The American jobs crisis is escalating again. States have ratcheted up their virus-prevention measures to combat rising infection rates, and the job market has taken it on the chin.
Another 965,000 people filed for first-time unemployment benefits on a seasonally adjusted basis in the United States last week, the Labor Department reported Thursday.
That was substantially higher than the previous week, when 784,000 Americans filed for unemployment benefits, and far worse than economists had expected.
Weekly first-time jobless claims are stuck at an uncomfortably high level. In late August, the figure dropped below 1 million, but since then, significant improvements have been hard to come by — and last week represented a huge step in the wrong direction. Without seasonal adjustments, initial claims are back up above a million, which is a terrifyingly high number and more than three times more than in the same period last year.
On top of regular claims, 284,470 workers filed claims for Pandemic Unemployment Assistance, about 100,000 more than in the prior week. The program provides aid to people like the self-employed or gig workers, who aren’t covered under regular benefits. After the new stimulus deal extended the program, it is now slated to end in March.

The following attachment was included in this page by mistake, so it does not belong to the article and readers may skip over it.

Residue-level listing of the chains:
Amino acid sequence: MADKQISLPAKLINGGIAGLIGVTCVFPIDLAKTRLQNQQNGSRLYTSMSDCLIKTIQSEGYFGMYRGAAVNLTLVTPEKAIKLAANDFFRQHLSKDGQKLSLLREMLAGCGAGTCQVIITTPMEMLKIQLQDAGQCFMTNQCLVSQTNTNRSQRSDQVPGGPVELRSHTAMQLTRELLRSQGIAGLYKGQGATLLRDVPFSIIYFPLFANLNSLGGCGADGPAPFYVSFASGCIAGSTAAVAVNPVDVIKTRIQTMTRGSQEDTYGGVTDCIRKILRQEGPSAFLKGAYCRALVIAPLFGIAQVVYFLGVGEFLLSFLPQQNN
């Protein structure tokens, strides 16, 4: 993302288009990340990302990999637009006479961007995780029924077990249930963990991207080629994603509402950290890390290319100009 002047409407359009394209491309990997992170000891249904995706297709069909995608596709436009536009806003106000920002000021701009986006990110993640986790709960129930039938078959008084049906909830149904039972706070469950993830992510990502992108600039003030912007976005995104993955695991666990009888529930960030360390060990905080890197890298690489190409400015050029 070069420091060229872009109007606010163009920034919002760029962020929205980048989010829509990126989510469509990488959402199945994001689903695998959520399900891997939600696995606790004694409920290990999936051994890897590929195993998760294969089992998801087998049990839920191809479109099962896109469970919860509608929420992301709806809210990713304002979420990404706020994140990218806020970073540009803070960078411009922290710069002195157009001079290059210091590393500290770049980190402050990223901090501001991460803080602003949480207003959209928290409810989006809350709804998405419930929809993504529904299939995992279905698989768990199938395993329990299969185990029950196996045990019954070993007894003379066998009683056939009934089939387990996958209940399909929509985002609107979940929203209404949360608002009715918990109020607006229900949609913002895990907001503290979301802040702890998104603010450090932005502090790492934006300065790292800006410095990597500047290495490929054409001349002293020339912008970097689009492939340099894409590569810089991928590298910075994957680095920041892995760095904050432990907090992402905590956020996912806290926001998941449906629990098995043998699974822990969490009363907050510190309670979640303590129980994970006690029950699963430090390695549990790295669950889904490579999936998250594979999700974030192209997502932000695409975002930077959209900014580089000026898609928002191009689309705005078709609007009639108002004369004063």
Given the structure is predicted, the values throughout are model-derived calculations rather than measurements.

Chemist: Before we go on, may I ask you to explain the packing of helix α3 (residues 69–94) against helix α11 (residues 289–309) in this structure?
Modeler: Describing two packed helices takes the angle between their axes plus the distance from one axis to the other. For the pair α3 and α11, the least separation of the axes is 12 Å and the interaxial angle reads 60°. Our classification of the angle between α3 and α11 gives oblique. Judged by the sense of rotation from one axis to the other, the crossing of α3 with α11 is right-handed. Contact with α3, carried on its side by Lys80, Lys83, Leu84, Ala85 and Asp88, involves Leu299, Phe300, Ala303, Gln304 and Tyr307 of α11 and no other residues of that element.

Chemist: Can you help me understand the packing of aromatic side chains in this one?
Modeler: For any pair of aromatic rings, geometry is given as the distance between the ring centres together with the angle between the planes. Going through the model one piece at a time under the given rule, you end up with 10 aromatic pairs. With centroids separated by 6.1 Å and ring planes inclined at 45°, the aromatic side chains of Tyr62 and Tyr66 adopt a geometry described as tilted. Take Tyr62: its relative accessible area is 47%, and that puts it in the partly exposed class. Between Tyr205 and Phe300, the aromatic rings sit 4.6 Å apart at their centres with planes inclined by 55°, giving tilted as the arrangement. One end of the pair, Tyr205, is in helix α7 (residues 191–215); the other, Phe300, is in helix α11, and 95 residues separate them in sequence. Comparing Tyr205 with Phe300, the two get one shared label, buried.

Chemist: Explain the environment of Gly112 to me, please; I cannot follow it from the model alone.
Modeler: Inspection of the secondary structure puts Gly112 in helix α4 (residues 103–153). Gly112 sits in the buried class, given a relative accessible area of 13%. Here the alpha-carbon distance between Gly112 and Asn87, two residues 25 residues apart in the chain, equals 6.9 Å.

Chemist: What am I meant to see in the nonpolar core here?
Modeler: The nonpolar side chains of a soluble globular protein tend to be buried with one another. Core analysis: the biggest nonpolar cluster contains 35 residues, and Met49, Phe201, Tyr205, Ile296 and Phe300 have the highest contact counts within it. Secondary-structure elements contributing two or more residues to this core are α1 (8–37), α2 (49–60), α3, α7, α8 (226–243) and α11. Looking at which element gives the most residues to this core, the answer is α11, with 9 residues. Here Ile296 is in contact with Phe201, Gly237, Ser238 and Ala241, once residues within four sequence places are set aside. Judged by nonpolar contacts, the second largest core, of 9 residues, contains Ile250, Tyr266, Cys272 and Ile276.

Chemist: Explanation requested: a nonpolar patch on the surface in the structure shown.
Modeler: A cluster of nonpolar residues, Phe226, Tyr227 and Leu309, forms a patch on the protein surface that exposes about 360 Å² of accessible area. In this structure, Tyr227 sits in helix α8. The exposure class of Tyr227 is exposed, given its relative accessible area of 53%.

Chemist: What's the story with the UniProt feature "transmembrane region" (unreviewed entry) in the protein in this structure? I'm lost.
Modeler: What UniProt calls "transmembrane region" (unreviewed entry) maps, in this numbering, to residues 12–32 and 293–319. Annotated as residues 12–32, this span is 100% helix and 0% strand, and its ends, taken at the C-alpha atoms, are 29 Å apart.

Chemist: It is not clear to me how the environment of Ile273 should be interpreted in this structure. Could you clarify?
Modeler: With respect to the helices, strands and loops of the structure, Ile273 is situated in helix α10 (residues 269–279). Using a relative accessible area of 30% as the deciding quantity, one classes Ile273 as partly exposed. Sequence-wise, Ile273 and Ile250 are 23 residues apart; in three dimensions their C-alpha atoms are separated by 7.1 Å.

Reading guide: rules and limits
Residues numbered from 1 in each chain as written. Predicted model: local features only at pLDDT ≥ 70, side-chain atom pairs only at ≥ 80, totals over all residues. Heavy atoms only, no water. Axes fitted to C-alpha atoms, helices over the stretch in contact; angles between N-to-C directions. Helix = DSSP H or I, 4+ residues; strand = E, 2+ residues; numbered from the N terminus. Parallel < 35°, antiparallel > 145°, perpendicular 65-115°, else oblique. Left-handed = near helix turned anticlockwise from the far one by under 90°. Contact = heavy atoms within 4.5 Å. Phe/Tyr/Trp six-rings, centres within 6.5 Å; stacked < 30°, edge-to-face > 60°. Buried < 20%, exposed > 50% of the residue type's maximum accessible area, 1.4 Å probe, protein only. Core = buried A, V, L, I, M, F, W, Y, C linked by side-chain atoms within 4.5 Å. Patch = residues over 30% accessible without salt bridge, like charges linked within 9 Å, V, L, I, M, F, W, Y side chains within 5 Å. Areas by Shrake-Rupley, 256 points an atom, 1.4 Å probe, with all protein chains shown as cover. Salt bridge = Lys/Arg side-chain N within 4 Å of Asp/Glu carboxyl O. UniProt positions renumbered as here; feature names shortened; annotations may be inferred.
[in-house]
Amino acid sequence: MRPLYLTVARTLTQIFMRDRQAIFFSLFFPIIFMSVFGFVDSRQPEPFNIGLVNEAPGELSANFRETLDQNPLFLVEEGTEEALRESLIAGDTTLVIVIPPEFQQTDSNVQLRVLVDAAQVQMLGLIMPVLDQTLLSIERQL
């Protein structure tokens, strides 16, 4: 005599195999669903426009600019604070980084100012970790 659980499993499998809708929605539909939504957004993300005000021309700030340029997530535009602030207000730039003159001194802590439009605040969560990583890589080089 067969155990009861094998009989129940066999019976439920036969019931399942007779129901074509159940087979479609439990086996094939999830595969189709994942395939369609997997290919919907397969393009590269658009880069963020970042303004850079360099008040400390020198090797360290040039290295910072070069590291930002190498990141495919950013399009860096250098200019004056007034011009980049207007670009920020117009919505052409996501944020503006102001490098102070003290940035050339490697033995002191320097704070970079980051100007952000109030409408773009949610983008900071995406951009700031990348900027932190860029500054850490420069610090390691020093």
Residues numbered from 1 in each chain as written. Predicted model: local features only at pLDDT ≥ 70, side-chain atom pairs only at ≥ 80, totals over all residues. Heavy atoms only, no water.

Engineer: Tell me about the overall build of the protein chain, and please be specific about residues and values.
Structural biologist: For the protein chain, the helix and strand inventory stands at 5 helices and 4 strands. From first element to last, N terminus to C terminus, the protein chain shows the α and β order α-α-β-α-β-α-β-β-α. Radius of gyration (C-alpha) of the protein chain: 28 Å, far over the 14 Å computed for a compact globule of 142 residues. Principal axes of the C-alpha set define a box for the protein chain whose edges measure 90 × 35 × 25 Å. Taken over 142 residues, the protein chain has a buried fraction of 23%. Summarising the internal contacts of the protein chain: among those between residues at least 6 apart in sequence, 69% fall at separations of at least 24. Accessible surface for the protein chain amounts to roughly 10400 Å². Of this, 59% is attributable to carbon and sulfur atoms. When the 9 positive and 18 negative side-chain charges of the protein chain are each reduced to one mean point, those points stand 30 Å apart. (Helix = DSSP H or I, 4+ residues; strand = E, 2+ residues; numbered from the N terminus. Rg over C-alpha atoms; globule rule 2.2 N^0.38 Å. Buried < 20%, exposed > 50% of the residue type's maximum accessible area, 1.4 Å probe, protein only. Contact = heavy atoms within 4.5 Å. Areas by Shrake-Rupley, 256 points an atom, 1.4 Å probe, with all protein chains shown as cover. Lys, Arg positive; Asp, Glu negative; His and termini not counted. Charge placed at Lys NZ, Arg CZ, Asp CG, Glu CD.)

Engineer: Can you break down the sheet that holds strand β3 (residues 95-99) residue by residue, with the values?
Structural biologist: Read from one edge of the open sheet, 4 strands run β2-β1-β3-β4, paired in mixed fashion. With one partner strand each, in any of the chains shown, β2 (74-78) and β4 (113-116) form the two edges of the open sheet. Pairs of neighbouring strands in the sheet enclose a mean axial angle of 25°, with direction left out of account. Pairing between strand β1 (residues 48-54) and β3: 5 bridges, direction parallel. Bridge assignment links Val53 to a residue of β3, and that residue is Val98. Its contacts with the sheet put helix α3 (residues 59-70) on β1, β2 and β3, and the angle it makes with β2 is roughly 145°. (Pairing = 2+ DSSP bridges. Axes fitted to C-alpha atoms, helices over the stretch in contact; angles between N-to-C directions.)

Added together, initial benefit claims totaled 1.4 million last week, excluding seasonal adjustments, the highest total since mid-September.
The passage of the second pandemic stimulus bill at the end of December likely added to the jump in benefit applications, said Mike Englund, chief economist at Action Economics in a note to clients.
Continued claims, which count workers who have claimed aid for at least two weeks in a row, stood at 5.3 million in the week ended January 2, more than economists had predicted.
With the inauguration of President-elect Joe Biden less than a week away, Thursday’s report again hammers home that the new administration’s first priority has got to be more stimulus.
The government’s jobs report released last week showed 140,000 American jobs were lost in December — the first loss since April, when the economy was in freefall.
“The fact that benefits claims are increasing suggests that the economy may lose jobs again in January, as the number of coronavirus cases continues to surge, weighing heavily on businesses,” said Cailin Birch, global economist at The Economist Intelligence Unit, in emailed comments.
Biden plans to create millions of jobs, including in the infrastructure and clean energy industries. Experts hope that Democratic control across the White House and Congress means a more stimulus quickly. But the turmoil on Capitol Hill, including the second impeachment of President Donald Trump by the House of Representatives, could derail bipartisan cooperation.